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Child Support Attorney in Somerset County, New Jersey

Spending quality time with your children and providing for them a safe and stable home life are vital roles for a parent. Everyone wants what’s best for their child—but even under the most ideal circumstances, doing this takes continuous effort and dedication. When two parents divorce or separate, their obligations to their children remain and they now must forge new paths and routines. Two of the biggest decisions they’re tasked with making concern child custody and child support. No one is ever quite prepared for this emotional and complex process, which is why it’s so important to reach out to a family law attorney. 
If you’d like to learn more about establishing a child support arrangement and are in the Somerset County area or anywhere throughout Basking Ridge, Warren, Somerville, and Bedminster, reach out to me at Gary Blaustein, Esq. I’m proud to serve individuals and families throughout the entire state of New Jersey. 

Understanding Child Support in New Jersey 

When two people build a life together and decide to start a family, they’re usually counting on always having two people contributing to the household. However, when a separation or divorce occurs, they must now figure out a way to separate their lives and finances and create two separate households to raise their child. Naturally, the costs to do this will be higher and there is often one parent who ends up needing financial support from the other to maintain their standard of living and provide for the child. 

There are typically two ways that a couple can decide the amount of money (if any) that needs to exchange hands—either between themselves or by turning to the courts.   

  • Without court intervention: If you’re still on relatively good speaking terms with your co-parent and you’re both committed to finding solutions, you may be able to agree on an amount that works for both of you. The New Jersey Department of Human Services provides a free, online calculator (called QuickCalc) that can be a great starting point for determining a fair amount. 

  • With court intervention: If you can’t come to an agreement on your own, you will have to take your case to a judge. Both QuickCalc and a judge will start by using a process called the Income Shares Method which essentially calculates the combined amount that both parents earn in income, then dividing the financial responsibility based on the percentage each parent earns. For example, if parent A earns $40,000 a year and parent B earns $60,000 (for a total of $100,000), parent A will be responsible for 40% of child support. Additionally, judges will also look at the following factors which will contribute to their final determination:  

    • The custody arrangement  

    • The educational, emotional, and physical needs of the child 

    • Whether there are other children or family members a parent is legally obligated to support 

    • Whether any alimony will be paid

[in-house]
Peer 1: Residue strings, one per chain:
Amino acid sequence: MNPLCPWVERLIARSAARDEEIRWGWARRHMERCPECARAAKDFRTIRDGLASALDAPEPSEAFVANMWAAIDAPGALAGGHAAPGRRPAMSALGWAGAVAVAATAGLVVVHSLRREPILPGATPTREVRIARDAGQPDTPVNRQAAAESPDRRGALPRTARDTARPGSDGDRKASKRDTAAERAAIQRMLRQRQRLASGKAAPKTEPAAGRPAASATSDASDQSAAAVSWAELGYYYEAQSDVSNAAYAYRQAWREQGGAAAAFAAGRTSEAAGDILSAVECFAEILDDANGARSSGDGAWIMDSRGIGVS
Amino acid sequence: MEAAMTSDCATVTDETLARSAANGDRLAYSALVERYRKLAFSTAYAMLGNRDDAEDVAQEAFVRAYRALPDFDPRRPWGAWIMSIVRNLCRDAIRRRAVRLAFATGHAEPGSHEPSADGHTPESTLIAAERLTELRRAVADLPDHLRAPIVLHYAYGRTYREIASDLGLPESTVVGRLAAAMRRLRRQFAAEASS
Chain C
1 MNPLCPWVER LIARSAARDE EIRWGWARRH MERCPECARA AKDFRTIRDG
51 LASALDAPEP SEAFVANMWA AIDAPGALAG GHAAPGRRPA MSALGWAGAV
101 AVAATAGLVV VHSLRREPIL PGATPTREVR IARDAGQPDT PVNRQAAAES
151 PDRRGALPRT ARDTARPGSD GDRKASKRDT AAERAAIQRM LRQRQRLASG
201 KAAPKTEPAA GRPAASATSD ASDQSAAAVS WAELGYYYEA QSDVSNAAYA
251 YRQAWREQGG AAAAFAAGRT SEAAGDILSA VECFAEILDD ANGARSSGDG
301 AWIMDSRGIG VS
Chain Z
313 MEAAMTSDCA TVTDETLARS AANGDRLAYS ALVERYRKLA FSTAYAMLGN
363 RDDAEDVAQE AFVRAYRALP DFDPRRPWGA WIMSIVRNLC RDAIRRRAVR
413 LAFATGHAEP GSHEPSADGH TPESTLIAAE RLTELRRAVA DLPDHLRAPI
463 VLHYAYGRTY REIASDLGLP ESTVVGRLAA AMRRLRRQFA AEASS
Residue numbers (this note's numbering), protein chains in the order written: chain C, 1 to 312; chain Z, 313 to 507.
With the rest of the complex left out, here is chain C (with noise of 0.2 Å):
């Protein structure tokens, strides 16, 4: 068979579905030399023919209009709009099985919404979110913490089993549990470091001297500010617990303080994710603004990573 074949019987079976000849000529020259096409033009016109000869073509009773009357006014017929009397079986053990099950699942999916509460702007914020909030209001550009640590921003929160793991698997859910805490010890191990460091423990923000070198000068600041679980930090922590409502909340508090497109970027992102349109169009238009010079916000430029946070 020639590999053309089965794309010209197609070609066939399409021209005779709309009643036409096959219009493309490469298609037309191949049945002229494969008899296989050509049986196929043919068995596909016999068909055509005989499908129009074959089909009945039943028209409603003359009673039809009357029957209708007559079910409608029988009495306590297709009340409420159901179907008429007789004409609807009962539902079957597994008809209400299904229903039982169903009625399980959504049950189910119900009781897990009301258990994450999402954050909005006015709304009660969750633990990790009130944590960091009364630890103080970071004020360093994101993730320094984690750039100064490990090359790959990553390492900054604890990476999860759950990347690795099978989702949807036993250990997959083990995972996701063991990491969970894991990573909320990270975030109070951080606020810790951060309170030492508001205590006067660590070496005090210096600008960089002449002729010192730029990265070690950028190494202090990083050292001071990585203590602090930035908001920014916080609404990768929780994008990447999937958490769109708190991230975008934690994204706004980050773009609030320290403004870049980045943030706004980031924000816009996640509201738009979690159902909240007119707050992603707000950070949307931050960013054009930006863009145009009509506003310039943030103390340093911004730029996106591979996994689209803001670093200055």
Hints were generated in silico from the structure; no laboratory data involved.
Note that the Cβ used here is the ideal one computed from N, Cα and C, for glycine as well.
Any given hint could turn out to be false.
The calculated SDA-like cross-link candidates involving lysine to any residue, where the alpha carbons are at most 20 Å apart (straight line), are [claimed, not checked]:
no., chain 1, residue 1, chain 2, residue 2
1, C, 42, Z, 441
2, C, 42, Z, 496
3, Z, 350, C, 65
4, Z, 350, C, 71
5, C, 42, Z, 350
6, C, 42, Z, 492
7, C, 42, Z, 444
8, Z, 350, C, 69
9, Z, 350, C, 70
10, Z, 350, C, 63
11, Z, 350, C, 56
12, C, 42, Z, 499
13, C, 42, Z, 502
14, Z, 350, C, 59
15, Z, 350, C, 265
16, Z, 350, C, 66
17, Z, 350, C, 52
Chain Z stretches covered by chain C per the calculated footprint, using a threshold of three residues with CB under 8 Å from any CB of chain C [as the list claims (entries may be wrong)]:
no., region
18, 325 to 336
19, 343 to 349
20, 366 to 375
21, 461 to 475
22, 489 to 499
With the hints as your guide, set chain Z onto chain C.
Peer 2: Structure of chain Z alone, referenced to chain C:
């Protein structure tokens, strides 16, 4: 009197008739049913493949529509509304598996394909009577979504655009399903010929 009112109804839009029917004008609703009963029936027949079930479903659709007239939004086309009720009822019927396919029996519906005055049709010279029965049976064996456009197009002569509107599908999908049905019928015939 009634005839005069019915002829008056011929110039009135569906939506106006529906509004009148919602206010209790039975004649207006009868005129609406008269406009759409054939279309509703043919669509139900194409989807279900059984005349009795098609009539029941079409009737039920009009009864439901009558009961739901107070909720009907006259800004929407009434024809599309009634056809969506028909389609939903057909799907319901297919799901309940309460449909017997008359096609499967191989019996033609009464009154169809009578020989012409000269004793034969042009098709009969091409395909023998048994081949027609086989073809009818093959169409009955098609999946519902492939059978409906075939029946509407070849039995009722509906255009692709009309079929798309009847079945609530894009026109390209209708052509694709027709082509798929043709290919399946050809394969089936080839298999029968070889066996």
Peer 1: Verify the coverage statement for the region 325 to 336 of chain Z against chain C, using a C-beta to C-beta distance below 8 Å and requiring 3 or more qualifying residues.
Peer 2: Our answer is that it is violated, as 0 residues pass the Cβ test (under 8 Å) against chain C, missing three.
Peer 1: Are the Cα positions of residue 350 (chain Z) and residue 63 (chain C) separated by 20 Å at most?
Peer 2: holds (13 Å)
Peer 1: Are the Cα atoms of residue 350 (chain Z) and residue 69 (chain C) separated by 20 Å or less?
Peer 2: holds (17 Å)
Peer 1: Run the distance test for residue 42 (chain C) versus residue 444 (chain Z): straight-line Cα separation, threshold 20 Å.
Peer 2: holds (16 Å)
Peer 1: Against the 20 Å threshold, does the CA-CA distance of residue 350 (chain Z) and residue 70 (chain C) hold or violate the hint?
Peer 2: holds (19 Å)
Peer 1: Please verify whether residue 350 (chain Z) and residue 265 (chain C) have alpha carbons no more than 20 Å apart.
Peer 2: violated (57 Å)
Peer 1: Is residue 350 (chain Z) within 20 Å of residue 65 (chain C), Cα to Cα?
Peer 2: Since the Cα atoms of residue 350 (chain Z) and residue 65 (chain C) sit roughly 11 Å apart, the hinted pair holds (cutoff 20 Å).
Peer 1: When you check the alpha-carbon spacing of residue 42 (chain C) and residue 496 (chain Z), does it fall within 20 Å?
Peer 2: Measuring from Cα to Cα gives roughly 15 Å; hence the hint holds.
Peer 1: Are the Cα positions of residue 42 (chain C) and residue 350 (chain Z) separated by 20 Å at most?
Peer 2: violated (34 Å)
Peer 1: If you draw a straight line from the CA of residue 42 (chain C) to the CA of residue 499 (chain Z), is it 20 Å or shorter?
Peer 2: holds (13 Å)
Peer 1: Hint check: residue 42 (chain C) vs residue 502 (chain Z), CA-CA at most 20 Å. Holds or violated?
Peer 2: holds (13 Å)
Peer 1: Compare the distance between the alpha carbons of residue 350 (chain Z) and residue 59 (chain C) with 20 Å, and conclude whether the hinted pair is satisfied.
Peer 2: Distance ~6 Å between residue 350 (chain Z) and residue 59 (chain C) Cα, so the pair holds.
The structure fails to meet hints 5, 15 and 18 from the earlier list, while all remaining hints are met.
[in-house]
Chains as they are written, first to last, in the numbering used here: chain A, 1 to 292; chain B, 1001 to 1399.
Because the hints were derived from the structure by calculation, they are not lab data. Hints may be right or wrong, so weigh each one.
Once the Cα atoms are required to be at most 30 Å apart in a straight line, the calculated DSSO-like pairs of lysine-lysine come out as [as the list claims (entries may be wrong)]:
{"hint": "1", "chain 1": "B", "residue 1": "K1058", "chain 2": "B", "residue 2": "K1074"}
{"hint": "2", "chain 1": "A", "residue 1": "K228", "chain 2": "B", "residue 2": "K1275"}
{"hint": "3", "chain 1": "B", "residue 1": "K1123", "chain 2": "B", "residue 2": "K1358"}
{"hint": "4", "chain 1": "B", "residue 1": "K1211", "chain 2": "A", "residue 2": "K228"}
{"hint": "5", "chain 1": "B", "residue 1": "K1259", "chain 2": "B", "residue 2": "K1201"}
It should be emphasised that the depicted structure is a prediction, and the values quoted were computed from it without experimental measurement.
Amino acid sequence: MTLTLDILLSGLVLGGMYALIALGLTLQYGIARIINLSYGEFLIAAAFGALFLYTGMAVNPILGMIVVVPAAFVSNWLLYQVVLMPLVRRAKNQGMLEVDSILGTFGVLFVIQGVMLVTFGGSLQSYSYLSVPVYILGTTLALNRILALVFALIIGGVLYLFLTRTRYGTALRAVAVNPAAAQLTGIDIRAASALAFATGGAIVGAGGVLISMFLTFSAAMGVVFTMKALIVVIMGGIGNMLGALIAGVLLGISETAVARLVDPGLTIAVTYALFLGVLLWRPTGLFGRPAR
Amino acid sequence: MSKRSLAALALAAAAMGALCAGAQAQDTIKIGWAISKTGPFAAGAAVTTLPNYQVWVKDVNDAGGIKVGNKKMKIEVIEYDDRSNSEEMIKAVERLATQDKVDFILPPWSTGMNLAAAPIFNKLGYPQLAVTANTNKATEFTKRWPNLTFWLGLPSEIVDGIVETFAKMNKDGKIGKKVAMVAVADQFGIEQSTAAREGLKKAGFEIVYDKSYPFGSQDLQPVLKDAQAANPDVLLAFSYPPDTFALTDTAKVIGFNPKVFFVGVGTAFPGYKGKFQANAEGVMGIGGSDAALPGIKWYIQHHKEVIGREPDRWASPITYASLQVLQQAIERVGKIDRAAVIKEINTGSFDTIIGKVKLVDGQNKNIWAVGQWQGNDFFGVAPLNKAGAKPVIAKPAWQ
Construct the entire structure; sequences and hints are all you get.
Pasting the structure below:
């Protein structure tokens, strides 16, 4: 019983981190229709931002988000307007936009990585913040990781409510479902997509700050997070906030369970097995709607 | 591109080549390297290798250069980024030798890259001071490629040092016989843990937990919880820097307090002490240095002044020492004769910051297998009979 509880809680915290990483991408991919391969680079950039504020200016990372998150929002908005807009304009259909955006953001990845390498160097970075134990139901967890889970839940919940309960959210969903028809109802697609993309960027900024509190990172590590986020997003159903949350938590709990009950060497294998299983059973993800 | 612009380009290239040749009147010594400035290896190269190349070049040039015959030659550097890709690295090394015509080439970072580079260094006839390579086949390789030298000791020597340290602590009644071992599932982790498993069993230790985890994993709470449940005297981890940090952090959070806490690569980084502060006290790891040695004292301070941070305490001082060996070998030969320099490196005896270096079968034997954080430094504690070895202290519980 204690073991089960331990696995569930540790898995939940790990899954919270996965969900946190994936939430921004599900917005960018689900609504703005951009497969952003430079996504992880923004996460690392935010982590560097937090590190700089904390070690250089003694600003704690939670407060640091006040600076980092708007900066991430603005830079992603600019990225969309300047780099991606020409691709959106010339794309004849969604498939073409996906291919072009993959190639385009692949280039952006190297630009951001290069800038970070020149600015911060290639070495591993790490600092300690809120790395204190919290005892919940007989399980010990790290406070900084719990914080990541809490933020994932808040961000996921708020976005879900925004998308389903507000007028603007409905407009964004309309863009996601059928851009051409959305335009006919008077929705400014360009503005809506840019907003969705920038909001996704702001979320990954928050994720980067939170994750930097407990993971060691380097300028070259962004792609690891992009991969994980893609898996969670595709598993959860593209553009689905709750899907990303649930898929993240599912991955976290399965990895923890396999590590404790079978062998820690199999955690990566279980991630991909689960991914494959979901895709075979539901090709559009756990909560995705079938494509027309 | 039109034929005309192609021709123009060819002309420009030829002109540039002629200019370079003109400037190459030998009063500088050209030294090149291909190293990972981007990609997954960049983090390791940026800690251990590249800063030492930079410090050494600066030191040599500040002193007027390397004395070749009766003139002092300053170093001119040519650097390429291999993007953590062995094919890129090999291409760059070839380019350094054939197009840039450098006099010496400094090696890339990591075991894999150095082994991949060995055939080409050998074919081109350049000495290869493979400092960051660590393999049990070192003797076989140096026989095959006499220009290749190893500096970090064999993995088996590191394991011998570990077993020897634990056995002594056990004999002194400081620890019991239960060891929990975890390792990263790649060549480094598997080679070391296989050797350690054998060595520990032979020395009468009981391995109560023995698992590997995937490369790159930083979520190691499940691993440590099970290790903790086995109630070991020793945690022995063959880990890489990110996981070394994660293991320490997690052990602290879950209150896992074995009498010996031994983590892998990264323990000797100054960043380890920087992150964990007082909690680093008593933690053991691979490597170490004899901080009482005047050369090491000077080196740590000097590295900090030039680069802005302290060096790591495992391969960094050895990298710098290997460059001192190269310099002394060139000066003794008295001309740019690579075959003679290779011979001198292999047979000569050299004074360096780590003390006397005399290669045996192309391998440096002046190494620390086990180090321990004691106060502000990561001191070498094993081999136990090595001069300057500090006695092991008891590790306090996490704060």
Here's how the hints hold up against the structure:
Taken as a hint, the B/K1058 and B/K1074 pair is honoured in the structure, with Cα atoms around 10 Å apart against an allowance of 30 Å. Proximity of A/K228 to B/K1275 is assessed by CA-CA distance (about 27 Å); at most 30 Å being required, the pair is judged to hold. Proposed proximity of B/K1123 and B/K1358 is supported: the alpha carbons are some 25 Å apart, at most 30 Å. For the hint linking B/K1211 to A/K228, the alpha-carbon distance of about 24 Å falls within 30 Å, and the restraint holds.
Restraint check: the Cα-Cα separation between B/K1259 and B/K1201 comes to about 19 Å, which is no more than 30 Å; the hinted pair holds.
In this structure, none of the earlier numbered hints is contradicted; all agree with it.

• The children’s ages  

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Imputed Income 

In cases where one parent intentionally remains underemployed or unemployed to artificially lower their income, a judge can impose something called “imputed income.” This means an income will be assigned to the non-working parent in an amount that’s appropriate to their skill set or past employment and they will then be responsible for paying support based on this amount. 

Modifying an Existing Arrangement  

At some point, it’s likely you’ll need to request a child support modification from the courts. There are generally three ways this can happen: 

  • Change in circumstances: Typically, when one party requests a change in support payments, they must show there’s been a “substantial change in circumstances.” For example, gaining or losing a job, incarceration, or a change in health care needs could constitute a “substantial change in circumstances.” 

  • Cost-of-living adjustment: Per state law, all support arrangements will be automatically revised every two years to account for cost-of-living adjustments (COLA). The courts will send out a notice of the new amounts which you can then contest if needed. 

  • Agency review: A parent can request an agency review every three years without needing to show a substantial change in circumstances. If the review finds that an adjustment of at least 20% is needed, they will recommend a modification.  

No matter what path you decide to take, reach out to a skilled family law attorney at any stage of the process to ensure your rights are being protected.  

Termination of Child Support 

Termination of child support will happen automatically when the child turns 19, gets married, or enlists in the military. If you believe child support should be terminated before this time, you must submit a formal request with the courts—but these are typically only granted under “exceptional circumstances.” Importantly, even if termination is granted, you will still be responsible for paying any past-due amounts. 

Child Support Attorney in Somerset County, New Jersey

If you’re currently separating from a spouse or co-parent and need help establishing a child support plan or modifying a current plan, get in touch with me in Somerset County. My firm— Gary Blaustein, Esq.—is ready to help you and your family move forward with confidence.